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The Antelope

Drought struggles cast shadow on fall harvest

In drought conditions, corn stalks have shorter ears. Photo provided by Leah Smith

September rains reinvigorated the Platte River as irrigators began the transition out of a growing season plagued by drought and high heat. As harvest picks up, water inflows remain a concern for next year.

Central Nebraska irrigation managers now look to the Rockies in hopes that snow melt will feed the Platte next spring.

“We need to realize some basic geography in that the Platte River is a snow-melt fed river,” said Jeff Buettner, director of the Central Nebraska Public Power and Irrigation District. “We’re at the mercy of how much snow falls, melts, and runs and gets into the river to flow all the way down to the Missouri River.”

The U.S. Geological Survey gauge at the Kearney bridge posted the lowest reading on record prior to the rain, with flows of just 1 cubic foot per second — or about the volume of a basketball.

“The river is just not getting the water from its natural sources, but also the human demand for that water is high to be able to continue to grow crops,” said Mary Harner, a research professor in UNK’s communications and biology departments. “The river has gone dry before, but this is a particularly dry, dry period.”

Nebraska farmers and ranchers have noticed the effects of this year’s drought conditions as far back as March.

“The thing that made it a really tough year for a lot of people was the hay shortage which was caused by a dry spring,” said John Thorp, who farms with his dad Todd Thorp south of Wood River. “Basically our hay meadows were dry and produced only about a quarter of the hay they typically do. You can water corn, but you can’t usually water a hay meadow.”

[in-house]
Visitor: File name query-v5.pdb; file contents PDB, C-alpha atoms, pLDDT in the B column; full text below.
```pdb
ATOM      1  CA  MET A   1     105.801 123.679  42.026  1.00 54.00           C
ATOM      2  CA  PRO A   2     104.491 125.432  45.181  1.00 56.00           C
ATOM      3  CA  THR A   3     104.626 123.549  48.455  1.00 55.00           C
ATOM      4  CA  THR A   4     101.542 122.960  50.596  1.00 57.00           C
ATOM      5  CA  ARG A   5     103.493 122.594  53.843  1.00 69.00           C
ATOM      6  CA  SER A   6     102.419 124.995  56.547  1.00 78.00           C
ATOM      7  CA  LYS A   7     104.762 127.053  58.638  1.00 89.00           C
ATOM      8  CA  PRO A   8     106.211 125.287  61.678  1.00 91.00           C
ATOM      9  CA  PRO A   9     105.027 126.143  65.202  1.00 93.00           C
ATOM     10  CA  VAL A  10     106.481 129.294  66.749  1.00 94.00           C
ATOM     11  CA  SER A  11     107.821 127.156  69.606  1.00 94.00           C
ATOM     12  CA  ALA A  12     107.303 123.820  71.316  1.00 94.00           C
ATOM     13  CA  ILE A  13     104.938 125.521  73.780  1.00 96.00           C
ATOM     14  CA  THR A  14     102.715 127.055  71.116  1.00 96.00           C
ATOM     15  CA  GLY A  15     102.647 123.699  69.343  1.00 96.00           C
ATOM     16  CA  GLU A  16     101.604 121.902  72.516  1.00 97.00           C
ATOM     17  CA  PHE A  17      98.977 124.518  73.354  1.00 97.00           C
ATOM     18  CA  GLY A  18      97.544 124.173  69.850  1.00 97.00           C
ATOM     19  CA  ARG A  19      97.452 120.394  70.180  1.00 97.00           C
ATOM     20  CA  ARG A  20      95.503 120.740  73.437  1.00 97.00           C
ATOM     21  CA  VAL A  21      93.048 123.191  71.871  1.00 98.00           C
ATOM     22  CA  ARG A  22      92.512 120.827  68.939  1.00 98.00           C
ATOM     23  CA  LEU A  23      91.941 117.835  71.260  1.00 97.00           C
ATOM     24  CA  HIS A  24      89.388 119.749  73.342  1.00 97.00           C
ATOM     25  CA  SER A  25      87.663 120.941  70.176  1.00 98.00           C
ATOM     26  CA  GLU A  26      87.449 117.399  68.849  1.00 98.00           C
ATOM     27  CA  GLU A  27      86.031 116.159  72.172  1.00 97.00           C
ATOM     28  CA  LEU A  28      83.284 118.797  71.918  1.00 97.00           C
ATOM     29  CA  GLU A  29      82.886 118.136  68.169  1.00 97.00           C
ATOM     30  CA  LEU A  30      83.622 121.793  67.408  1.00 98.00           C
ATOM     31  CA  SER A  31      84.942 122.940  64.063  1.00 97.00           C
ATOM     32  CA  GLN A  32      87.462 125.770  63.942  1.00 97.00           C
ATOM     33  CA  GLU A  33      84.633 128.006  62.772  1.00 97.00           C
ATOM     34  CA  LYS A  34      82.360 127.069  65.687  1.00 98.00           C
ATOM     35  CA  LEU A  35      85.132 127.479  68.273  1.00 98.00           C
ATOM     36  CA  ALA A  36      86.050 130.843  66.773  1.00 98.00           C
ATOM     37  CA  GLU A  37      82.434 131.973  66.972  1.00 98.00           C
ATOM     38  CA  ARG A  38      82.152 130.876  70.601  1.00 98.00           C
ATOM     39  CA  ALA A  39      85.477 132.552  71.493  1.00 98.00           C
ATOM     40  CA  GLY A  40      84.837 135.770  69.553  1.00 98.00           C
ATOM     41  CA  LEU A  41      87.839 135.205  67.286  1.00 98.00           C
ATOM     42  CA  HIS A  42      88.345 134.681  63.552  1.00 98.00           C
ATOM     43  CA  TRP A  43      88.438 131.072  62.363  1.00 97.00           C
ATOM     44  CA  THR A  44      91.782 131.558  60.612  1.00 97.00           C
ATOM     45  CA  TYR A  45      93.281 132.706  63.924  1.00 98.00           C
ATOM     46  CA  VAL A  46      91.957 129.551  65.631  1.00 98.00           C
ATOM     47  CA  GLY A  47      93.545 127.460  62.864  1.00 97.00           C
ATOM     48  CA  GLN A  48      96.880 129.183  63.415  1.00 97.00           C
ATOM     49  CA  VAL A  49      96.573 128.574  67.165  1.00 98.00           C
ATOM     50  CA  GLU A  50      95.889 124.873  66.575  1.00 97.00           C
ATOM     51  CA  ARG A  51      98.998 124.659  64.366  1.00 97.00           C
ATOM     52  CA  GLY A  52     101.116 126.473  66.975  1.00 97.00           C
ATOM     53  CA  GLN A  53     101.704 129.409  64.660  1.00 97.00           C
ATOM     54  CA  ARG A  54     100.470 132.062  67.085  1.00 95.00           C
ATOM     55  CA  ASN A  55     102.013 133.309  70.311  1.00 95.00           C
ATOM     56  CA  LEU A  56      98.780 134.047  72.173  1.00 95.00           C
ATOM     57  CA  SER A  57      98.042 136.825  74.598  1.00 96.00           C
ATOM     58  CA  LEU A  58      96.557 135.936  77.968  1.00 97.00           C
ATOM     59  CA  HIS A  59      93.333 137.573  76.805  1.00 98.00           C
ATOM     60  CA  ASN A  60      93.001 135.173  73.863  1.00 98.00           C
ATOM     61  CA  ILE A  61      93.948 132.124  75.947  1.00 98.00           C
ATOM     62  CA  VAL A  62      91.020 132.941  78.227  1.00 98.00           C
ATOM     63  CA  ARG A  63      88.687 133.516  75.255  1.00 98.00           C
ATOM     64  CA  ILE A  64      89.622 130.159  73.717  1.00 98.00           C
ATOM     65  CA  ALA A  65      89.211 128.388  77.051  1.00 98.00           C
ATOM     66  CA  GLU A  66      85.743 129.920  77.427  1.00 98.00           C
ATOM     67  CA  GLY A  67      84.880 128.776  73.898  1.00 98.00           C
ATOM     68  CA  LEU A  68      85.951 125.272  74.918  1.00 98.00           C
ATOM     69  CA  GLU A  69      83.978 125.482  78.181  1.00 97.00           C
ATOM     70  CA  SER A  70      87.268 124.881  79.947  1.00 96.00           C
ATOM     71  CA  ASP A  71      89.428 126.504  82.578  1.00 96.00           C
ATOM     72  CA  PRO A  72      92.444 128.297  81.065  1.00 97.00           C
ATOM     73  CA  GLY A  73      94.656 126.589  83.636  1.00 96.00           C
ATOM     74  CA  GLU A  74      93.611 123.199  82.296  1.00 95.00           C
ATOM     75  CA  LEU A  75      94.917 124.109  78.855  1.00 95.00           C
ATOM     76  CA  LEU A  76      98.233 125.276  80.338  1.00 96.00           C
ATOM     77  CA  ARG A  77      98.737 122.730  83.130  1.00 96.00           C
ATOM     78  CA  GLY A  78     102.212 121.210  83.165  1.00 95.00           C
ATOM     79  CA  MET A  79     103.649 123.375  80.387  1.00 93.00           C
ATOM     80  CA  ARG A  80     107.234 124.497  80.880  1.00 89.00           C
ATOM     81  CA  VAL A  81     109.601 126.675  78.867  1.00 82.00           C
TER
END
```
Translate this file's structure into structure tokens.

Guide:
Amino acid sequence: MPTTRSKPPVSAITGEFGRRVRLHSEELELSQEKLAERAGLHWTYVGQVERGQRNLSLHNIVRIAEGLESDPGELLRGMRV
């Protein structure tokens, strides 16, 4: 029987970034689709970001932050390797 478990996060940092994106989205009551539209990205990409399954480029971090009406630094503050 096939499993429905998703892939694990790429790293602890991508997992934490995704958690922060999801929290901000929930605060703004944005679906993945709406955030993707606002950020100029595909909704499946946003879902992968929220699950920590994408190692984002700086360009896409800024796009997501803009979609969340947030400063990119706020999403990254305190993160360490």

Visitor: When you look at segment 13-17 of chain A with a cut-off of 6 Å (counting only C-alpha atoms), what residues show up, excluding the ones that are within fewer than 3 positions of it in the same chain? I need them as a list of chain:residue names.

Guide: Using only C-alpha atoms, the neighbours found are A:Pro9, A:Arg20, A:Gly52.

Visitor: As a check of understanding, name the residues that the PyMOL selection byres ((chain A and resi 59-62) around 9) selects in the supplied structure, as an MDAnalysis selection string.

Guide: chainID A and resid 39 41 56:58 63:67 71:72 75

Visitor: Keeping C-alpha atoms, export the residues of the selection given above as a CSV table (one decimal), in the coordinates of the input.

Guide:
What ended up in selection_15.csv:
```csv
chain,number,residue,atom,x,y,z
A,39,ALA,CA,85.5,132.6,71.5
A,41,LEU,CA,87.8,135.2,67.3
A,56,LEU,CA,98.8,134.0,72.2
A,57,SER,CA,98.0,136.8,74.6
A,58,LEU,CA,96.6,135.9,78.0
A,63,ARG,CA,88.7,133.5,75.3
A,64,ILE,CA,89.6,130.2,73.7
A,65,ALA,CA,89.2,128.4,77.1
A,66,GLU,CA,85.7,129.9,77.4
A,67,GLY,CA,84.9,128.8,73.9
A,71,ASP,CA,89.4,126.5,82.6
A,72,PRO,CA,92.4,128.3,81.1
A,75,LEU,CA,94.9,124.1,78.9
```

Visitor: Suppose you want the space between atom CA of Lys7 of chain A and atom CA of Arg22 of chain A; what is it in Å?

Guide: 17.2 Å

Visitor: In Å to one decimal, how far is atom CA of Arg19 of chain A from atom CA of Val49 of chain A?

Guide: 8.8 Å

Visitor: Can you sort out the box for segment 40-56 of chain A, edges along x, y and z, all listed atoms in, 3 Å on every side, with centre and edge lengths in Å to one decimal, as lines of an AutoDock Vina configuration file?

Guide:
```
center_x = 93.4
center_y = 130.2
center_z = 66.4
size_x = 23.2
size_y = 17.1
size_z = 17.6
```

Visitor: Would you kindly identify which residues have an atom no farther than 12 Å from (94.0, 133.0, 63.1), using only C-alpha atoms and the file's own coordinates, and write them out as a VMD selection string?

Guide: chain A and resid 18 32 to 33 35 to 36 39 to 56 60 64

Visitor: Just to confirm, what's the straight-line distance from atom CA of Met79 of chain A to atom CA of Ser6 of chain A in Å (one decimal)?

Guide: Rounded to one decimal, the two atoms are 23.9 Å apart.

In periods of intense heat like we saw this year, higher temperatures cause water in plants to evaporate more quickly to keep cool.

As a result, hot years require more irrigation, which can become especially challenging when less water is getting into rivers and fields in the first place.

“When there’s good precipitation, they’re able to realize a profit, and you will see them more capable of investing in technologies that will help them reach that goal of achieving profit from the farm,” Buettner said. “When their incomes on the farm are down, there’s less people to make those kinds of investments.”

Corn growers with drier fields could see low yields that may exacerbate the feed shortage headed into winter.

“A guy I used to work for  — in August was already feeding them [cattle] hay,” Thorp said. “You’re expecting to be able to put them out to pasture during the summer and let them eat — that’s gone, so then you’ve got to try to supplement them with the hay that you’re putting up to try and get through winter.”

Hay shortages may create higher demand for other feed grains like alfalfa, fermented grass or corn, which is Nebraska’s most produced crop at 1.8 billion bushels produced in 2021, according to the National Agricultural Statistics Service.

“The river will return,” Harner said. “Irrigation season will be winding down here soon. Some of those demands will be lifted and some of those flows will be back in the river. Hopefully we will not have as dry of a winter and spring as we did last year.”

A loose cow browses the riverbed of the south channel. Photo provided by Mitchell Lierman
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